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Bio Anth Week 13

by: Jaimee Kidd

Bio Anth Week 13 Anth 1001

Jaimee Kidd
GPA 3.6

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Emergence and Dispersal of Modern Humans
Biological Anthropology
Shannon C. McFarlin
Class Notes
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This 3 page Class Notes was uploaded by Jaimee Kidd on Monday April 25, 2016. The Class Notes belongs to Anth 1001 at George Washington University taught by Shannon C. McFarlin in Spring 2016. Since its upload, it has received 8 views. For similar materials see Biological Anthropology in anthropology, evolution, sphr at George Washington University.

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Date Created: 04/25/16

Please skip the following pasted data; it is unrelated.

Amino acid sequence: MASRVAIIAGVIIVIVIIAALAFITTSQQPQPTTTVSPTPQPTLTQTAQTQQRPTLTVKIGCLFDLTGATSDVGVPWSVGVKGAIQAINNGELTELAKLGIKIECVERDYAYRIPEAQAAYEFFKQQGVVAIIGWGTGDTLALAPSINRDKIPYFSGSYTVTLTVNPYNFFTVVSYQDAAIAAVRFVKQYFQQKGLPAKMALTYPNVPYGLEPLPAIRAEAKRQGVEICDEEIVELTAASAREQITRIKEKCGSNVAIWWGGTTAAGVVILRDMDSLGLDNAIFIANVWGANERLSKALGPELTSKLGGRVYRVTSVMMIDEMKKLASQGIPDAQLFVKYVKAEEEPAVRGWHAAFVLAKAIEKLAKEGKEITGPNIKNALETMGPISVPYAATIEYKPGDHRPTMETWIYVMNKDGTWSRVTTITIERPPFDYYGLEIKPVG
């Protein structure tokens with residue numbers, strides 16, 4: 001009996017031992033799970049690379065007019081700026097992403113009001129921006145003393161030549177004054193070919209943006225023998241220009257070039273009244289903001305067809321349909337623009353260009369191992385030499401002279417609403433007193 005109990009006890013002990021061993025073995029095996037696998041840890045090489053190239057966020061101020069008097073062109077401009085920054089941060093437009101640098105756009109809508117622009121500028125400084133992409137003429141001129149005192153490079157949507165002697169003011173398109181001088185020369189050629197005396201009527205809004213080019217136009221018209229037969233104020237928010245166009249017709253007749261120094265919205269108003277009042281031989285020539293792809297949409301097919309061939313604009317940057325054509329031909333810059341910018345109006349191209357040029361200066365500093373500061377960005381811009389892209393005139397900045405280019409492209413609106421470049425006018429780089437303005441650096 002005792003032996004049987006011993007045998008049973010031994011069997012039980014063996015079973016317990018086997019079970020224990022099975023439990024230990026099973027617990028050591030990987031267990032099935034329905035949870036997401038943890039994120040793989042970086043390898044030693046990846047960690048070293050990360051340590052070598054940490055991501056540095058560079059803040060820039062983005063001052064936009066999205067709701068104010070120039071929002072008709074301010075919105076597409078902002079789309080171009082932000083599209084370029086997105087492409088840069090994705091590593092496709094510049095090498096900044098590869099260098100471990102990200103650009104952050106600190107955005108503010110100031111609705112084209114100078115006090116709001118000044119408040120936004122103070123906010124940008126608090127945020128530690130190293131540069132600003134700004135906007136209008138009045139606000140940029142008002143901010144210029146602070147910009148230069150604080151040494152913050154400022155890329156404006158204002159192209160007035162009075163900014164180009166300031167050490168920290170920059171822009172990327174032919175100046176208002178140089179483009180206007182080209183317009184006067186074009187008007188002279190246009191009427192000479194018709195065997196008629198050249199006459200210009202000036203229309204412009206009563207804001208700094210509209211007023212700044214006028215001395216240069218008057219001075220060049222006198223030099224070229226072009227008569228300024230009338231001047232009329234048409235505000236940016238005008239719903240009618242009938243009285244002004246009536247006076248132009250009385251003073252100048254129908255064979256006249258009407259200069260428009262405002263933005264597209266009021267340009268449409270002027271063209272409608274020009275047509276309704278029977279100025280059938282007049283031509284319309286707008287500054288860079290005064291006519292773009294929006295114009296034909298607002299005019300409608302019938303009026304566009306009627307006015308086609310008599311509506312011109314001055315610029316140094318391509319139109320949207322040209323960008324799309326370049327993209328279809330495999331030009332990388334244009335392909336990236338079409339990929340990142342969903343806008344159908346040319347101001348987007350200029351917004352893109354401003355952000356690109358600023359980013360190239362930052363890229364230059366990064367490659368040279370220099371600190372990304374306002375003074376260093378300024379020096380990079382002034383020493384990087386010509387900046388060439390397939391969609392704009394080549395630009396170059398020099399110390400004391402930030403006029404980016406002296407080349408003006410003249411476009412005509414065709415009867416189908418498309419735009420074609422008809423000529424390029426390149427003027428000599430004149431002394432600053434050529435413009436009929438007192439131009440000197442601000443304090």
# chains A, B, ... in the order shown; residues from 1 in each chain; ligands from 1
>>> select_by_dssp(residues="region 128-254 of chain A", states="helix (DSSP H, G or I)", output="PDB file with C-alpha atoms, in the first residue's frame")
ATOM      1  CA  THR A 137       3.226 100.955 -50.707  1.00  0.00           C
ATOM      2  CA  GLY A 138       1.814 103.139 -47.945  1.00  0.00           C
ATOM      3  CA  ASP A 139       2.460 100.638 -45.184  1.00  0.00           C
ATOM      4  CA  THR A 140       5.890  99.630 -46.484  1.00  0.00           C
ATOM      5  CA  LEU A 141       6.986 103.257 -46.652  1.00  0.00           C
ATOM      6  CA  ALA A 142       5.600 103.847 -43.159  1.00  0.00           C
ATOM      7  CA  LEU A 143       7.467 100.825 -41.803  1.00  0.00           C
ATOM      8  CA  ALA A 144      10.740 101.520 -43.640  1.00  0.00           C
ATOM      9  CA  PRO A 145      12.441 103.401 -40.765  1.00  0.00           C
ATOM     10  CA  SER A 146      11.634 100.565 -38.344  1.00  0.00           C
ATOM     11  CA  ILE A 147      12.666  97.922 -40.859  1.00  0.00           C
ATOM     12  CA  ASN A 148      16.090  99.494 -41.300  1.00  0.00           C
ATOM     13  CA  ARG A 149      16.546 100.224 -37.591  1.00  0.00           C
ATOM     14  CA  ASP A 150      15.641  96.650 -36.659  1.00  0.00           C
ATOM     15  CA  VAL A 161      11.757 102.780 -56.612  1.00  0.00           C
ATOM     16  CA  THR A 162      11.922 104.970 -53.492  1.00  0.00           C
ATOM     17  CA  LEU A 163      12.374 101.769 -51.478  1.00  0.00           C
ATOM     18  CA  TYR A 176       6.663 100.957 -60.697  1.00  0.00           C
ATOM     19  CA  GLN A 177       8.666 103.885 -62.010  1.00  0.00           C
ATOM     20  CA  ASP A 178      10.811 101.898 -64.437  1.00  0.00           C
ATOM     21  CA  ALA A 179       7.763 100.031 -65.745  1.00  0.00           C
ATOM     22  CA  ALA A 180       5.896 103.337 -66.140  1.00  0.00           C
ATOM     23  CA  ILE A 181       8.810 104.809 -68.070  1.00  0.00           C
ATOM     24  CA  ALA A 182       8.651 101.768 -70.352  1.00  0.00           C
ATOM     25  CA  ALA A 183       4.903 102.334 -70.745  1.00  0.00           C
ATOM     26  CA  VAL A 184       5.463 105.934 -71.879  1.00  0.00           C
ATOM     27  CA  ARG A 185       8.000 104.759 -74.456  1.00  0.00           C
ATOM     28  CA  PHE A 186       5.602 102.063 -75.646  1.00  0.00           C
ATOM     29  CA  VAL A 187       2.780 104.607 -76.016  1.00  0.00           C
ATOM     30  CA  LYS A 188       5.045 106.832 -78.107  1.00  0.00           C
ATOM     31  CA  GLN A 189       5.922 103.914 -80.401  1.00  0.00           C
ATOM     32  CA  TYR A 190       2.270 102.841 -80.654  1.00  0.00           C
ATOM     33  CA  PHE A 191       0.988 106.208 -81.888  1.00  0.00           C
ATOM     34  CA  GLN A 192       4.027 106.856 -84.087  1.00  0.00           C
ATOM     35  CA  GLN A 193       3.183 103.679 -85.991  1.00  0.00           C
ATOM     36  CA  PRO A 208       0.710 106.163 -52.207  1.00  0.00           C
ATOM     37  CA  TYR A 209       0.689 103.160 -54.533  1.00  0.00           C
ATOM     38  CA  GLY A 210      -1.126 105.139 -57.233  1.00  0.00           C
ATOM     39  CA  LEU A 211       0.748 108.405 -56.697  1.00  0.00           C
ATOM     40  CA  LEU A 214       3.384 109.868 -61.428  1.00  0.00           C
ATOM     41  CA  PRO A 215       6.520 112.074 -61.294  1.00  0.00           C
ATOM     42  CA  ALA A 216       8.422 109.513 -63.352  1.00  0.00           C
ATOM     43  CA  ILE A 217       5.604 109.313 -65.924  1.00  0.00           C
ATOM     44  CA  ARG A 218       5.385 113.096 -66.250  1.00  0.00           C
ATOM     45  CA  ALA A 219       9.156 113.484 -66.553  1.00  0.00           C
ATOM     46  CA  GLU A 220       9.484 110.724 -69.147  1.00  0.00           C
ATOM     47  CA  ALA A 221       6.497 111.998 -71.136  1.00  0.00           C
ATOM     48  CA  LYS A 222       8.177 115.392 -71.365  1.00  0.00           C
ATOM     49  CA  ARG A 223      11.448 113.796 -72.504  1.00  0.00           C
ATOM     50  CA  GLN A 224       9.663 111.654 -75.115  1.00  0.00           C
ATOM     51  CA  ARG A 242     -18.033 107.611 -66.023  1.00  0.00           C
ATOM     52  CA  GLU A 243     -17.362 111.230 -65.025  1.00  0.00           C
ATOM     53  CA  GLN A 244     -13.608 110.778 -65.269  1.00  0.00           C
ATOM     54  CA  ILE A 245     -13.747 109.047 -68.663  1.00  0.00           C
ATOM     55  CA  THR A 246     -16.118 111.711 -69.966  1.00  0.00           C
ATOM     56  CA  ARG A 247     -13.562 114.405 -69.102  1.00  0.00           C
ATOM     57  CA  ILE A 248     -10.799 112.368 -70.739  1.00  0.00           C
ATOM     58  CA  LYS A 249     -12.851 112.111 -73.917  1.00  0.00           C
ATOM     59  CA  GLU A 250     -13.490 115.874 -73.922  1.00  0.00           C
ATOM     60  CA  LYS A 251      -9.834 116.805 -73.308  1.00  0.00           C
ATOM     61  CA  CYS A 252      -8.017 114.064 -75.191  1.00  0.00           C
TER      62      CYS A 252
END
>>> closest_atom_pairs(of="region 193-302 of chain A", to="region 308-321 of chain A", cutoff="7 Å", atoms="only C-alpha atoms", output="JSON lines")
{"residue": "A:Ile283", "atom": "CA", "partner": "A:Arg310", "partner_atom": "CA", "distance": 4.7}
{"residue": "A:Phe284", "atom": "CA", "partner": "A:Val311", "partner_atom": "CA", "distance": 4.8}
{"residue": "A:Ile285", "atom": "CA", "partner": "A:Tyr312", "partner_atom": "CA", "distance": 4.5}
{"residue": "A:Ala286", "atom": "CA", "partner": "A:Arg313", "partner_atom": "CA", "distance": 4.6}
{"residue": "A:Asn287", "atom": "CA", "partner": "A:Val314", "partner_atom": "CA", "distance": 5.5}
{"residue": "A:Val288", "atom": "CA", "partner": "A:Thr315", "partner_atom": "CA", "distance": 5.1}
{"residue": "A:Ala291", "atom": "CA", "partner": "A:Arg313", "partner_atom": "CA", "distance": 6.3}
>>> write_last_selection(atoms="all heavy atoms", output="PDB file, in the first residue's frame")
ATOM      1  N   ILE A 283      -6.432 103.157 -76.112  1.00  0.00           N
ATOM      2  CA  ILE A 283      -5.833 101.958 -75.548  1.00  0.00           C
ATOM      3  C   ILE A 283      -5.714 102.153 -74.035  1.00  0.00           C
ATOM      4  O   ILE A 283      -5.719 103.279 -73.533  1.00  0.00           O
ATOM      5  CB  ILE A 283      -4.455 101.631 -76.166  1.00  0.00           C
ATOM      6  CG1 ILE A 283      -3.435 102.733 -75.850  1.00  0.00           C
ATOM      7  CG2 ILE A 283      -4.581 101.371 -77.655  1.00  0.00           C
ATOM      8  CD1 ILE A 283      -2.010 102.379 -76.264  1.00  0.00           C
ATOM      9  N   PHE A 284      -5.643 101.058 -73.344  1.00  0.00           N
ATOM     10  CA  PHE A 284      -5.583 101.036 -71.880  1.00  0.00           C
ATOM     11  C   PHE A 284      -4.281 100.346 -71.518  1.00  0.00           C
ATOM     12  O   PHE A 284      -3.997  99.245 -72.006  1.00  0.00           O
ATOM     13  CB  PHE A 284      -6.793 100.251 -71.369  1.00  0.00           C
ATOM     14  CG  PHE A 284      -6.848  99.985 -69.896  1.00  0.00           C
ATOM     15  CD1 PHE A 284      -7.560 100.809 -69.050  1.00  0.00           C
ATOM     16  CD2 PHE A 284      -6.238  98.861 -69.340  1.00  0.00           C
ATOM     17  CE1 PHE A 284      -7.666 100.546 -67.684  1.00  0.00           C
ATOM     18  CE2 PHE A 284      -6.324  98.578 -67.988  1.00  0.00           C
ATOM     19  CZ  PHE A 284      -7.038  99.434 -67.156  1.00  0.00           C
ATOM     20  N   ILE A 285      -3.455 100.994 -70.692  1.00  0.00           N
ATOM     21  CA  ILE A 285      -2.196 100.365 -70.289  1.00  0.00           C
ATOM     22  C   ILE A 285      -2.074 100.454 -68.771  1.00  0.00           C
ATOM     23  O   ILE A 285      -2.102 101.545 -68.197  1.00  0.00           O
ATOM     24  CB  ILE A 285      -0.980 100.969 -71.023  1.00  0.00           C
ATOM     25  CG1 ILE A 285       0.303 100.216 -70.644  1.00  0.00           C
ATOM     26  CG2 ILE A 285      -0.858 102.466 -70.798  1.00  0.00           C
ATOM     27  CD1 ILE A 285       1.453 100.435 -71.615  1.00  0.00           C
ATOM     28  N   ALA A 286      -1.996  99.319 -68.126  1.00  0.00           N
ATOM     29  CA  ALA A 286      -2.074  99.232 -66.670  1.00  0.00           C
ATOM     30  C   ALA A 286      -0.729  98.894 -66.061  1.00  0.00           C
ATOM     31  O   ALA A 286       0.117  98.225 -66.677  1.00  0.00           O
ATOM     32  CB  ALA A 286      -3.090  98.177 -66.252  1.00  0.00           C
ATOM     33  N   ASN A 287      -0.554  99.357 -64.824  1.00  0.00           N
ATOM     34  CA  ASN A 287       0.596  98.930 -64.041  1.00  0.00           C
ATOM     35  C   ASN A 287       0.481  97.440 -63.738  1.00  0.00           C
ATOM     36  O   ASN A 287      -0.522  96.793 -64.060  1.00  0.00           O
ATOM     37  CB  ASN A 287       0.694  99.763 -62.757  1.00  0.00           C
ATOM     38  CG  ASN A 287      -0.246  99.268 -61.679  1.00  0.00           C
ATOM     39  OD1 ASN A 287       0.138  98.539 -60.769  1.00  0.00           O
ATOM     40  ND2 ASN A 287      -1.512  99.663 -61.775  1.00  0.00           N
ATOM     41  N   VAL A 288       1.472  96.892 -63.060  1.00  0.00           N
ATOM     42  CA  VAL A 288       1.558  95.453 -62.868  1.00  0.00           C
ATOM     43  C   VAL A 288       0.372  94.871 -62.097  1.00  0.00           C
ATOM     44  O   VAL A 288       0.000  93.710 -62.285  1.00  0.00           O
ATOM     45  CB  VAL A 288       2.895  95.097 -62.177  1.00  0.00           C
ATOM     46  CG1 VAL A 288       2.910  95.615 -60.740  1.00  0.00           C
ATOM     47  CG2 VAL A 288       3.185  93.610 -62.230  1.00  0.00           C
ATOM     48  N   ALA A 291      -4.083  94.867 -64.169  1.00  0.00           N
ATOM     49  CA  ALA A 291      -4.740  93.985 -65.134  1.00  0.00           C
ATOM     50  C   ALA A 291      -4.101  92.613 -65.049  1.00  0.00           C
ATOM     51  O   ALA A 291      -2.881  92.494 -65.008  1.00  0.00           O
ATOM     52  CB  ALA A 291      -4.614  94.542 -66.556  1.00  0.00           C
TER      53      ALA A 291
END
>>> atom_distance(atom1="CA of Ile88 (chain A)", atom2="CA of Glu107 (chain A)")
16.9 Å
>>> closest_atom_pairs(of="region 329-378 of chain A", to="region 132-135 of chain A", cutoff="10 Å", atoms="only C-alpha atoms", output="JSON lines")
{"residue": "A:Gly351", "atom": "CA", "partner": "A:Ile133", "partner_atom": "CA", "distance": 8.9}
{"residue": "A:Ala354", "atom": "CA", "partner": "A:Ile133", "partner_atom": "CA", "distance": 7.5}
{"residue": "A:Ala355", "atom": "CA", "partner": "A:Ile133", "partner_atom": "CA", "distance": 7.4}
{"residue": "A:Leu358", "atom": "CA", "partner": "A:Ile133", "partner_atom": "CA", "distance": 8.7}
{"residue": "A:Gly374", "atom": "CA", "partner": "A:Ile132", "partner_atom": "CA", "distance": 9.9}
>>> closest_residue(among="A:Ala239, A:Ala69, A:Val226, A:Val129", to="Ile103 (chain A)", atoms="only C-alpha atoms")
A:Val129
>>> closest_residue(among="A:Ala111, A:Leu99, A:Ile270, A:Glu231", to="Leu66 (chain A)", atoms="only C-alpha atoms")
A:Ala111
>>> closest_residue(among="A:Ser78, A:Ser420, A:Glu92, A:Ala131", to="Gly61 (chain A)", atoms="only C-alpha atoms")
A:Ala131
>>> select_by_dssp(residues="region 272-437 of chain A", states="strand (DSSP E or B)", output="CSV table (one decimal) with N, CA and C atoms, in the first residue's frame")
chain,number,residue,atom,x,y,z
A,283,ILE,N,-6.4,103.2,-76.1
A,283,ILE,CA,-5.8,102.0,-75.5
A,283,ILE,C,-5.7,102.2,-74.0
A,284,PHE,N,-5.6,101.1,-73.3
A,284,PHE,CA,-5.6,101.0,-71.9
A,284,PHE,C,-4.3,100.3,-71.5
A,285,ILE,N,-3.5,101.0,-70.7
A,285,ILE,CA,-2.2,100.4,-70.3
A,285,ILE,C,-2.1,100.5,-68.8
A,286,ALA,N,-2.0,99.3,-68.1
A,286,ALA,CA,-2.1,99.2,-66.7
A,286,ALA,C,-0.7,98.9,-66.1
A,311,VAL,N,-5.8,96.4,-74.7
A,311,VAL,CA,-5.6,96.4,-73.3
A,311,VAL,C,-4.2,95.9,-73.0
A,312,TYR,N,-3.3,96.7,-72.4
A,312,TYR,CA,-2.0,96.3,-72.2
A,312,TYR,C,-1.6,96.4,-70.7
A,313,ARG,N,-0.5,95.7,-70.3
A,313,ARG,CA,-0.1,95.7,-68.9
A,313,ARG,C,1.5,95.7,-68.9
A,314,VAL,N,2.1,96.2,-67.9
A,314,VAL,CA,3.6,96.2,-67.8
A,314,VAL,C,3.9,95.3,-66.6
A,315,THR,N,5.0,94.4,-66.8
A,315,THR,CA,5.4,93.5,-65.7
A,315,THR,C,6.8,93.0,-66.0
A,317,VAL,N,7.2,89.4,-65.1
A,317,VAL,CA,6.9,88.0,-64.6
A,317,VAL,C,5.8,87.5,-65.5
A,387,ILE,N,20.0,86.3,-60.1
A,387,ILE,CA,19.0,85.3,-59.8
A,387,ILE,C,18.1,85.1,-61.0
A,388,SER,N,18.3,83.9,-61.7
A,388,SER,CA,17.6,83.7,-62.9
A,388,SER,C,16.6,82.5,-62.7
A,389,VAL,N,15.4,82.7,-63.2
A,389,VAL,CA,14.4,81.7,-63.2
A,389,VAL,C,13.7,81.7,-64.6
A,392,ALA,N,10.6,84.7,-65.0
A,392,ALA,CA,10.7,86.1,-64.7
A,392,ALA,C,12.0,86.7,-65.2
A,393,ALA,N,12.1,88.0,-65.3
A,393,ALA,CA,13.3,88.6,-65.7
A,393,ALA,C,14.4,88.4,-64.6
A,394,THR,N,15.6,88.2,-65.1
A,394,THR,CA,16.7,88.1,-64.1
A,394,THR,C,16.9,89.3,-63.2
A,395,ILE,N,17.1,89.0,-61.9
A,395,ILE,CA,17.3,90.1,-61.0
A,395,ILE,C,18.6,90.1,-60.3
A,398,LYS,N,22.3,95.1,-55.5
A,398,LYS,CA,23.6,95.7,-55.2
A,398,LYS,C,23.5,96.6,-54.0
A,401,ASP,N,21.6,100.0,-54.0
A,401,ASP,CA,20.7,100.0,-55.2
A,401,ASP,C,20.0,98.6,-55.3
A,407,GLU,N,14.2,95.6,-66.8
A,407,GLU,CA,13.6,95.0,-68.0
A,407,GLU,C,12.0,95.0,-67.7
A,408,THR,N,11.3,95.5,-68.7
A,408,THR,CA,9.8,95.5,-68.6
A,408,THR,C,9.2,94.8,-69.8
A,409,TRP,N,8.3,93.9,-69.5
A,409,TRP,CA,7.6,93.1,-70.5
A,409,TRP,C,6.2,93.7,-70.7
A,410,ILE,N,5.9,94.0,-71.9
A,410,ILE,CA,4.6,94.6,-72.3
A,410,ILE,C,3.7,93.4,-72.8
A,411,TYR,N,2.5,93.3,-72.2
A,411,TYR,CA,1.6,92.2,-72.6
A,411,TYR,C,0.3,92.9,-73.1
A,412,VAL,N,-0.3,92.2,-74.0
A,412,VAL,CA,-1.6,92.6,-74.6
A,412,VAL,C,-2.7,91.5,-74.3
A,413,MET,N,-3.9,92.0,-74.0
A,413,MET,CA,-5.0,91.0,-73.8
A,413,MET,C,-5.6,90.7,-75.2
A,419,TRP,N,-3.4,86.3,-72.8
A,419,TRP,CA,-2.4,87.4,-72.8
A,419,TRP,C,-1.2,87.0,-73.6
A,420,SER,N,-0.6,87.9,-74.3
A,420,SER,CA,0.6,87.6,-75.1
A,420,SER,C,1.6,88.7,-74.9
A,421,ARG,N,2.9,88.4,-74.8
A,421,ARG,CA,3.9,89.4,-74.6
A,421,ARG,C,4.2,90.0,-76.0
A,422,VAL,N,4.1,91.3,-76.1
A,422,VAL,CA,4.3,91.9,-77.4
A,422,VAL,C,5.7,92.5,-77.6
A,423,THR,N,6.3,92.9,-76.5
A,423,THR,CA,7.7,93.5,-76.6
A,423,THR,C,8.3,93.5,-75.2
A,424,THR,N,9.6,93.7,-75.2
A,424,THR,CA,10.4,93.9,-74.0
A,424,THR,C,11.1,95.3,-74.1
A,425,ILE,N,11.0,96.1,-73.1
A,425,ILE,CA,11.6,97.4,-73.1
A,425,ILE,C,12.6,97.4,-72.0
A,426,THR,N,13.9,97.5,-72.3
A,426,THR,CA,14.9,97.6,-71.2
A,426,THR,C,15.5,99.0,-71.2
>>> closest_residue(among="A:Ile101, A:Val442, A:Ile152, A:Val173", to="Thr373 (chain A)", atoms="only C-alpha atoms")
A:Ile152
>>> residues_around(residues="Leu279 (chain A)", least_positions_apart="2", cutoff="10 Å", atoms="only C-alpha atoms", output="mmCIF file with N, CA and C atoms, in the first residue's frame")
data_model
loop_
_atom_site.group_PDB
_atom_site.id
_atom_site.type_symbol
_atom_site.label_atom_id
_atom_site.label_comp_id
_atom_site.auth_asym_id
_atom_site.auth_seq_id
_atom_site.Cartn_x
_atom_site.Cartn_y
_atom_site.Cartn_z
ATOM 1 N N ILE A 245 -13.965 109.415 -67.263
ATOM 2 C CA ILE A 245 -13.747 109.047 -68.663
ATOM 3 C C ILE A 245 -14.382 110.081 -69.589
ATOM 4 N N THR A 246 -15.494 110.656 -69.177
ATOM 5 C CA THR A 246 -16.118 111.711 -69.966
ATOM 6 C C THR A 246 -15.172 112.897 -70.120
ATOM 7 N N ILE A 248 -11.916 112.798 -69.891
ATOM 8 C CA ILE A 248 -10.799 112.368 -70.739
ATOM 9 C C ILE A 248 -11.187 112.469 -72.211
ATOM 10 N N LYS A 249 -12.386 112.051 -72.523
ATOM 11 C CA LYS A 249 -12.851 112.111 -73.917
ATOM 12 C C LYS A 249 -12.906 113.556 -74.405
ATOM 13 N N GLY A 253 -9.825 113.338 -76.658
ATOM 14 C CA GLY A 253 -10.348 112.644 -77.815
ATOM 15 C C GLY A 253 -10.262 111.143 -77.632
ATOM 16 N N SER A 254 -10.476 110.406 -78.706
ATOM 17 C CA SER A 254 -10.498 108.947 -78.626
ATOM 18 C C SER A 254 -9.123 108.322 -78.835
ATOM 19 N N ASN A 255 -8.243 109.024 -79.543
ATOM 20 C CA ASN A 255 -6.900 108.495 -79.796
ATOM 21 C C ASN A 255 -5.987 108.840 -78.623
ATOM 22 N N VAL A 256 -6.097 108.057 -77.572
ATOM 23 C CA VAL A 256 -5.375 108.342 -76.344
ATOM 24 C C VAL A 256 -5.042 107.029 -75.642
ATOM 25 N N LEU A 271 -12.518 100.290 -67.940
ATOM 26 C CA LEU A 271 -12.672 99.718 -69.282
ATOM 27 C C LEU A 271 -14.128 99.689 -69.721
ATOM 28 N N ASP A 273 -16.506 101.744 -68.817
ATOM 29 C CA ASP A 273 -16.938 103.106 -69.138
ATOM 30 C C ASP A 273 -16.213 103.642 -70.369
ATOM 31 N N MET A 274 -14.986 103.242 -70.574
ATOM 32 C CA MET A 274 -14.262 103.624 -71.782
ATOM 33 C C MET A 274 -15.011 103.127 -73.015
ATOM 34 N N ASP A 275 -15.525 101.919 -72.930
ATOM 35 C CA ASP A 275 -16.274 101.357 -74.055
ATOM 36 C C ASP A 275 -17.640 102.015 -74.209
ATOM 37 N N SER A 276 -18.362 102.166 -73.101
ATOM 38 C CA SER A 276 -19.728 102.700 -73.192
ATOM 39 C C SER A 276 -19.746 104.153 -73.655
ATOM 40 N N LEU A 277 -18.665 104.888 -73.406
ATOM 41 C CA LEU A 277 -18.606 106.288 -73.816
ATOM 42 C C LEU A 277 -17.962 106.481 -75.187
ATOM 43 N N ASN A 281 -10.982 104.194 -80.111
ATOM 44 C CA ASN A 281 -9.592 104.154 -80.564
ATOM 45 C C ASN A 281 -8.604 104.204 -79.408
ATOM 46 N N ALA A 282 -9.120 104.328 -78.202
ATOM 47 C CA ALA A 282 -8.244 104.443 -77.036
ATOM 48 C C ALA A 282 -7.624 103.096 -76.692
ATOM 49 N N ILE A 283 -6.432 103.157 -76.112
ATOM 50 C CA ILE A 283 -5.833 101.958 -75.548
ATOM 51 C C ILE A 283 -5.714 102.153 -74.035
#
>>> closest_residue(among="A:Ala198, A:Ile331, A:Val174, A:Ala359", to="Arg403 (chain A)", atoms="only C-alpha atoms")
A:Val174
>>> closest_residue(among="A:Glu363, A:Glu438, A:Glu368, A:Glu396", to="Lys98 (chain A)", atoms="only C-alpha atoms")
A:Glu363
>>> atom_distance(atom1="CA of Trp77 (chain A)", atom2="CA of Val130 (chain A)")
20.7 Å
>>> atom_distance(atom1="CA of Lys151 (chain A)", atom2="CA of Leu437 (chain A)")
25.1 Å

Emergence and Dispersal of Modern Humans Models for AMHS origins •   Multiregional model ◦   Pleistocene hominins represent a single evolving lineage across different regions ◦   AMHS evolved in the context of significant gene flow between regions •   Out of Africa Model ◦   AMHS originated in Africa and later dispersed to occupy the Old World ◦   No gene flow/ interbreeding, but replacement of existing hominins •   Predictions ◦   Multiregional—> Pleistocene hominins represent a single lineage across different regions ◦   Out of Africa —> AMHS originated in Africa and later dispersed to occupy the Old World ◦   Assimilation —> ▪   African origin of AMHS ▪   Varying degrees of interbreeding with existing populations •   Assimilation Model ◦   Genetic data are more consistent with assimilation (or partial replacement): ▪   African origin of modern humans: ▪   Greatest amount of genetic diversity in Africa ▪   AMHS first appear in the fossil record of Africa ▪   But varying degrees of interbreeding with populations they found as they migrated •   First AMHS from Africa ◦   Herto, Ethiopia (165 kya) ◦   Omo, Ethiopia (195 kya) •   Later AMHS ◦   Class River Mouth, South Africa (120-90 Kya) •   Modern Humans in the Near East ◦   Skhul and Qafzeh, Isreal (110-90,000 ya) ◦   After 90,000 ya in Near East... ▪   Modern humans disappear from the record in this area ▪   Neanderthals come back when the weather gets colder (70-40 kya) •   Evidence from Archaeology ◦   *late stone age/upper paleolithic blade based tools ▪   suggested to be a more efficient use of raw materials, much longer cutting edge that can be put to use ◦   Early Stone Age/Lower Paleolithic —> Plio and Pleistocene —> H. habilis, H. erectus, Archaic H. sapiens ◦   Middle Stone Age/ Middle Paleolithic —> Upper Pleistocene —> Archaic H. sapiens, H. neanderthalensis, early AMHS ◦   Late Stone Age/ Upper Paleolithic —> Upper Pleistocene —> AMHS; some late Neanderthals •   Late Stone Age/ Upper Paleolithic ◦   Blade-based technology; variety of types made from stone, bone, antler ◦   Many of which were attached to spears for long distance tool use •   Behavioral Innovations ◦   Behavioral modernity wasn’t associated with abrupt change ◦   No single cognitive “explosion” that led to the modern human mind ◦   Gradual acquisition of typically modern human behaviors, starting in Africa •   Some especially important innovations by 60,000 years ago in Africa: ◦   Projectile technology ◦   Fishing ◦   Personal adornment, larger social networks, exchange networks, as evidenced by beads ◦   Belief systems? (burial with grave goods) •   Why are projectiles important? ◦   More success ◦   Less risk ◦   Survivorship increases ◦   Competitive advantage •   Evidence for fishing from Katanda, DR Congo ◦   82-70 Kya ◦   Bone tools, including barbed and unbarbed points; appropriate tools for fishing ◦   Two species of catfish, especially a large species ◦   Ability to develop new technologies allowed early modern humans to expand their subsistence base •   Symbolic behavior, social intensification after 90 kya ◦   Perforated beads from the Middle Stone Age of Blombos Cave in South Africa ◦   (South Africa, Namibia, Tanzania, Ethiopia, Senegal) •   Ritual Burial ◦   Upper Paleolithic graves commonly included artifacts, body adornments, and sprinklings of red ochre ◦   Concept of life after death? •   Art and Modern Humans ◦   After 40kya; in Europe and Africa ◦   Intensification and consistent presence of: ▪   Music ▪   Rock art ▪   Portable art, including figurines ◦   Music ▪   Archaeological evidence for music predates evidence for cave art ▪   Expression and comprehension of social and emotional information ▪   Flutes made from animal bones ▪   Debate about Neanderthals having musical traditions or not ▪   Clear that modern humans had them ◦   Rock art ▪   Variety of scenes, including animal figures, often rather realistically drawn ▪   Human figures were less common ▪   Abstract patterns ▪   Natural substances: red and yellow ochre, manganese, charcoal, to create a variety of colors ▪   Different instruments—horsehair, sticks, and fingers to apply the paint ▪   Significance is unclear ▪   Magic purpose, to improve hunting success ▪   Other ritualistic or symbolic purpose (naturalistic scenes, including animals that were not hunted) ▪   Portable art ▪   Venus figurines (Gravettian ca. 25,000 ya) •   Expanded Subsistence Base ◦   More varied diet, which also included use of aquatic resources •   Settlement Patterns ◦   Sites occupied for longer periods extensively modified ◦   Evidence of more permanent shelters (e.g. mammoth bone shelters) •   Modern Human Advantages ◦   Innovative- new, more elaborate technologies, projectile weapons, clothing, shelters, and other innovations in material culture ◦   Cognitive- personal adornment and symbolic behavior, art, and music, ritual ◦   Social- larger social networks, exchange networks ,buffered risk of starvation


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